• Potting Soil
    • Potting soils containing vermiculite have been linked to asbestos, due to cross-contamination in the mineral sites. Vermiculite deposits are often found in close proximity to asbestos deposits, and avoiding cross-contamination is incredibly difficult. As a result, many products containing vermiculite also contain trace amounts of asbestos dust.


Though the direct use of asbestos-containing materials has slowed, asbestos exposure continues to pose a threat to all Americans. As asbestos ages, it becomes “friable”, meaning that it is easily crumbled into inhalable dust.

On September 11th, 2001, thousands of first-responders and citizens were exposed to asbestos in the air after the attacks on New York’s World Trade Center. Asbestos dust from destroyed buildings blanketed the city, leading to countless cases of asbestos-related diseases including cancer.

Current rules require the safe removal of asbestos from schools and other buildings. This removal, or asbestos abatement, must be conducted by trained professionals, as the removal process creates dusty conditions that can be hazardous.


Renewed concerns over the dangers of asbestos exposure in the United States have given new life to efforts to ban the material completely. Researchers have shown that there is no safe amount of exposure, which means that the 1% cap on asbestos in products may not be enough to protect Americans from asbestos-related disease.

In 2016, the Frank R. Lautenberg Chemical Safety for the 21st Century Act amended the EPA’s existing Toxic Substances Control Act7. Under the Act, the EPA is required to revisit and assess a list of 10 priority chemicals to determine their safety. If results are conclusive, this could lead to a complete ban of all asbestos in the United States.

  1. Osha.gov (2018, March). Asbestos. Retrieved from https://www.osha.gov/SLTC/asbestos/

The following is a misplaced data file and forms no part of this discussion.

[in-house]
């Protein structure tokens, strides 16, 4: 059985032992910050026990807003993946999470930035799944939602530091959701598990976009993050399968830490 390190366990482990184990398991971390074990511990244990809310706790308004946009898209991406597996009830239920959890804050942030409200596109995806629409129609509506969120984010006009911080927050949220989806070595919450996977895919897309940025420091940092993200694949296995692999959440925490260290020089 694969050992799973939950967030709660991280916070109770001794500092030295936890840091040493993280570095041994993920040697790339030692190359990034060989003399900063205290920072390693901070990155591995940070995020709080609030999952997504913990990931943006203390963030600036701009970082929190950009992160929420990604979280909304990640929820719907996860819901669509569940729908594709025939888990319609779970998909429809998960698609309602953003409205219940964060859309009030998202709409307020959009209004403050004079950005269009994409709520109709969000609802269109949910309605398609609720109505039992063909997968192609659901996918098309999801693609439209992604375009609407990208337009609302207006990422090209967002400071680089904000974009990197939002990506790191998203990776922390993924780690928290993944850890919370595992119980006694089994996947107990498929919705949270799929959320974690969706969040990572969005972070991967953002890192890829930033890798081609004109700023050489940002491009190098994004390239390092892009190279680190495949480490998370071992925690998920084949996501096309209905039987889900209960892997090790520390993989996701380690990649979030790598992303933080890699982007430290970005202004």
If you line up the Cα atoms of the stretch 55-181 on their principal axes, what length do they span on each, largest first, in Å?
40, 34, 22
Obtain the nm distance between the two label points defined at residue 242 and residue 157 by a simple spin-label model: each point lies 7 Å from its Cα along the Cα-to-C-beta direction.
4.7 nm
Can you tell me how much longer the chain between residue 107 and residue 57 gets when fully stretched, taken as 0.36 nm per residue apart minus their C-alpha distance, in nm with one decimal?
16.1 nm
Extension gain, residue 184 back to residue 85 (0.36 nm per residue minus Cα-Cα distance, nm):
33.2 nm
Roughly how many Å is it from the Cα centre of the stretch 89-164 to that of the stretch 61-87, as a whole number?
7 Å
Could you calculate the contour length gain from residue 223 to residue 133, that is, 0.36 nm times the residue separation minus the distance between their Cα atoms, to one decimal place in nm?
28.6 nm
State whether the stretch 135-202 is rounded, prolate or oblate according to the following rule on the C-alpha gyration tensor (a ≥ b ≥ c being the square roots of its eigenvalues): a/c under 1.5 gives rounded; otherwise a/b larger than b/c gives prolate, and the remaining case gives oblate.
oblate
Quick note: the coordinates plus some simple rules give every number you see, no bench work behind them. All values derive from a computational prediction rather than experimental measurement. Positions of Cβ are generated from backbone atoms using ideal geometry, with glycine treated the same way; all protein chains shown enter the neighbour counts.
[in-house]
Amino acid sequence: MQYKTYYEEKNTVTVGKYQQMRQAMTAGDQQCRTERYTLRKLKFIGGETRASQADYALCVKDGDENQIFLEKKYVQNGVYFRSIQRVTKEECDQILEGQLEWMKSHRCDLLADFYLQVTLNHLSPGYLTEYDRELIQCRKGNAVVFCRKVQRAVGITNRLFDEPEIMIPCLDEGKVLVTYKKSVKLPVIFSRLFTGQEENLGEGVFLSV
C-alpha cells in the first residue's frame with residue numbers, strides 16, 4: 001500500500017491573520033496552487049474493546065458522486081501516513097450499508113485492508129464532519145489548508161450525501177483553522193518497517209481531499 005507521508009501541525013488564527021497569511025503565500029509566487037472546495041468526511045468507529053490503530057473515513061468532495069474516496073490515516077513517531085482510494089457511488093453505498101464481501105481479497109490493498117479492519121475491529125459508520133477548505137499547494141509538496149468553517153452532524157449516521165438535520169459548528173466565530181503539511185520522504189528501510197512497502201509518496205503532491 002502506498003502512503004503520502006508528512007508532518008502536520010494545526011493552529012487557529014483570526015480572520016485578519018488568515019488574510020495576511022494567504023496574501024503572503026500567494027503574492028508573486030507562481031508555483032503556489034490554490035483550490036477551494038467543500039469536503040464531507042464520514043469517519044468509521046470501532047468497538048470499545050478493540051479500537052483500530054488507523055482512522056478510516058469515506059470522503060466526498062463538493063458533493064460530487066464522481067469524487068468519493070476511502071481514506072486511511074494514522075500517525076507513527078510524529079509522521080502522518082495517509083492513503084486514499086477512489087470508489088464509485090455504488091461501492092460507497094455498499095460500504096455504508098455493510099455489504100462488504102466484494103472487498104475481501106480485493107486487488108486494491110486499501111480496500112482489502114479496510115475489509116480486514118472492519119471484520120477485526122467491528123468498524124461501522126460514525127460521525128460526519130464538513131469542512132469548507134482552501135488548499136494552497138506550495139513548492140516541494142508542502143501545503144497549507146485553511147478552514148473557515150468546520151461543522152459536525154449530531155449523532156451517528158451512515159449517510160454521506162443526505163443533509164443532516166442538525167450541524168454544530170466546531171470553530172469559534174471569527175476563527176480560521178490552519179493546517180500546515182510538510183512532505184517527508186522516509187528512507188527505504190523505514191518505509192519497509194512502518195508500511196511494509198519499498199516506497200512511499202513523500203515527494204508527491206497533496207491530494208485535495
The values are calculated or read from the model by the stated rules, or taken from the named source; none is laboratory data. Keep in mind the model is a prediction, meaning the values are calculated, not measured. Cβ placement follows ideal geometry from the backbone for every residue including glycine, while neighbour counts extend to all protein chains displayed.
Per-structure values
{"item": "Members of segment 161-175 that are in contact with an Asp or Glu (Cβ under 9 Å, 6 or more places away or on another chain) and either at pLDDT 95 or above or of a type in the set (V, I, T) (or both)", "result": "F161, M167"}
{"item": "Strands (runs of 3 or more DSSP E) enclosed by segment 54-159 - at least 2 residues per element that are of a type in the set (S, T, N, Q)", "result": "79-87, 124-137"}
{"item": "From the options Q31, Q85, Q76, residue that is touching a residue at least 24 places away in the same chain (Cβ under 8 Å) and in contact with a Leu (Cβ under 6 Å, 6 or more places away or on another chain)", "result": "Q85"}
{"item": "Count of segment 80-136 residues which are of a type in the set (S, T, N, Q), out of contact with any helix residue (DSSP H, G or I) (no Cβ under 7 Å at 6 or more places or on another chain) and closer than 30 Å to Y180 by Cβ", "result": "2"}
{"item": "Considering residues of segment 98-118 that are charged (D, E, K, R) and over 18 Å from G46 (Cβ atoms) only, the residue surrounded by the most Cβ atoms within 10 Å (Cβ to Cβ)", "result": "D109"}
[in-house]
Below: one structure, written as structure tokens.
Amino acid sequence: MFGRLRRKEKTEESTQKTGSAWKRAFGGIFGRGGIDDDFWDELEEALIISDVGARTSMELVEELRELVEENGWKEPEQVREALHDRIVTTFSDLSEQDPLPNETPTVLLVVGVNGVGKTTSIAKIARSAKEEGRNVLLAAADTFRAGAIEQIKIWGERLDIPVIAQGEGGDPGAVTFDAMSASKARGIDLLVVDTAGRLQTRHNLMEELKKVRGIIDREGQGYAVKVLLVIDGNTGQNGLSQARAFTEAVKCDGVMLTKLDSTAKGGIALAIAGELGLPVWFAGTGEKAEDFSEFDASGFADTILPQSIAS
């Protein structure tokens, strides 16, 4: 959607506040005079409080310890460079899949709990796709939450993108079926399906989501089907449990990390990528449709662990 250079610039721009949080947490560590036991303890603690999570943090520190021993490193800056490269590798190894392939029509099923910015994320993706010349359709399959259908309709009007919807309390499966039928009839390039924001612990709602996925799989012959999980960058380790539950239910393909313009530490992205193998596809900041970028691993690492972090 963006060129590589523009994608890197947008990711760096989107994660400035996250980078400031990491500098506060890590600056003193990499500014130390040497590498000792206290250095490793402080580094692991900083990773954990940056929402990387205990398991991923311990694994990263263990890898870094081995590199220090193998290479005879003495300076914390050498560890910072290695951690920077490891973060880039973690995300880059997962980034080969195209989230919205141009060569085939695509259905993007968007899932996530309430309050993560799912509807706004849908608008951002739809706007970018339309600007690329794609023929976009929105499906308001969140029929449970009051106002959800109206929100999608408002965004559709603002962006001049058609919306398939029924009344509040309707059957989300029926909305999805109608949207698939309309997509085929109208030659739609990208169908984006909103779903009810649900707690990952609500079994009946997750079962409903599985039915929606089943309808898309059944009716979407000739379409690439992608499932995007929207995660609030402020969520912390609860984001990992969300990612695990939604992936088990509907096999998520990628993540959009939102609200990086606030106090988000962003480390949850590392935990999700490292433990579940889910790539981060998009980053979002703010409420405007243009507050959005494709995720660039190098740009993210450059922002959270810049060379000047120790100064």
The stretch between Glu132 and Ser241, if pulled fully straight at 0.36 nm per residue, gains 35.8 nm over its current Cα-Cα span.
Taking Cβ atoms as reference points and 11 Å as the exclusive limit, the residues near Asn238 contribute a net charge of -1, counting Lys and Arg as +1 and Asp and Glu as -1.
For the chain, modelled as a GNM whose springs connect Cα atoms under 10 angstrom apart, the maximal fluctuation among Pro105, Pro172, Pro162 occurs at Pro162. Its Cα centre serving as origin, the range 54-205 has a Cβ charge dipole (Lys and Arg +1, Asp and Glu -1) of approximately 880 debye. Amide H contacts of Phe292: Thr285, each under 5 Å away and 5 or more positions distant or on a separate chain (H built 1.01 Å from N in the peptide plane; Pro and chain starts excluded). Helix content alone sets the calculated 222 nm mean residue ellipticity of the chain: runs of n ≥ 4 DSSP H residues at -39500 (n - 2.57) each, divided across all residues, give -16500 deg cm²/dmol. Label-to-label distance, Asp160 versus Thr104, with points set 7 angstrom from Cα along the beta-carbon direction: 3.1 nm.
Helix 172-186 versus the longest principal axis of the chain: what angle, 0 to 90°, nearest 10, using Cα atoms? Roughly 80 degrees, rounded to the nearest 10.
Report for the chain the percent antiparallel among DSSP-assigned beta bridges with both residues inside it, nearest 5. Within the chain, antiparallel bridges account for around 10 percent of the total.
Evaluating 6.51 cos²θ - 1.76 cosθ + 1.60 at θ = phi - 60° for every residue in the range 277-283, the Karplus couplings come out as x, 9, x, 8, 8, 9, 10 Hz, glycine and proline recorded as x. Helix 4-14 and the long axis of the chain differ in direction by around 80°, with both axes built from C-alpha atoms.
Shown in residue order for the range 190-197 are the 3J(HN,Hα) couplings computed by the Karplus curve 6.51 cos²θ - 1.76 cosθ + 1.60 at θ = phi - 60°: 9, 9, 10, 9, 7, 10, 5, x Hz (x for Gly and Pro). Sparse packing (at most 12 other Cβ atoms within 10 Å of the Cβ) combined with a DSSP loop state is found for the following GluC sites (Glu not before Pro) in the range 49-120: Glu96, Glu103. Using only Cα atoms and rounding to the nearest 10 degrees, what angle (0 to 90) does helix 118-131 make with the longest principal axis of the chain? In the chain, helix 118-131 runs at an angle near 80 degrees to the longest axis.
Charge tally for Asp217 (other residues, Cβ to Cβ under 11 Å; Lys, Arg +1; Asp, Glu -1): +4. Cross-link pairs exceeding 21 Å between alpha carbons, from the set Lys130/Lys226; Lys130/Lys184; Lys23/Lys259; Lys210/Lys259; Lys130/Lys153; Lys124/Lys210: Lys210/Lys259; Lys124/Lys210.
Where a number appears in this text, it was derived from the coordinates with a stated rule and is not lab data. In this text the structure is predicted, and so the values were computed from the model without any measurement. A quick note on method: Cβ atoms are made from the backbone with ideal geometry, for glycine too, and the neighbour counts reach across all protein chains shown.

2. Castleman, Barry (2016, January 19). The export of hazardous industries in 2015. Retrieved from https://ehjournal.biomedcentral.com/articles/10.1186/s12940-016-0091-6
  3. Agency for Toxic Substances & Disease Registry (2016, January 29). Asbestos Toxicity: Where is Asbestos Found? Retrieved from https://www.atsdr.cdc.gov/csem/csem.asp?csem=29&po=5
  4. Cherrie, et al (2005, October 3). Exposure and risks from wearing asbestos mitts. Retrieved from https://particleandfibretoxicology.biomedcentral.com/articles/10.1186/1743-8977-2-5
  5. EPA.gov. Protect Your Family From Asbestos-Contaminated Vermiculite Insulation. Retrieved from https://www.epa.gov/asbestos/protect-your-family-asbestos-contaminated-vermiculite-insulation
  6. EPA.gov. U.S. Federal Bans on Asbestos. Retrieved from https://www.epa.gov/asbestos/us-federal-bans-asbestos
  7. EPA.gov. The Frank R. Lautenberg Chemical Safety for the 21st Century Act. Retrieved from https://www.epa.gov/assessing-and-managing-chemicals-under-tsca/frank-r-lautenberg-chemical-safety-21st-century-act
  8. Mesothelioma + Asbestos Awareness Center (2017, October 25). The Chlorine Industry Still Relies on Asbestos Despite Safer Alternatives. Retrieved from https://www.maacenter.org/blog/the-chlorine-industry-still-relies-on-asbestos-despite-safer-alternatives/
  9. EPA.gov. Asbestos Laws and Regulations. Retrieved from https://www.epa.gov/asbestos/asbestos-laws-and-regulations#ahera
  10. Mesothelioma + Asbestos Awareness Center (2017, November 29). Asbestos Products: Toys, Makeup, Talcum Powder & More Contaminated by the Toxin. Retrieved from https://www.maacenter.org/blog/asbestos-products-toys-makeup-talcum-powder-more-contaminated-by-the-toxin/
  11. Asbestos Nation. Tests Find Asbestos in Kids’ Crayons, Crime Scene Kits. Retrieved from http://www.asbestosnation.org/facts/tests-find-asbestos-in-kids-crayons-crime-scene-kits/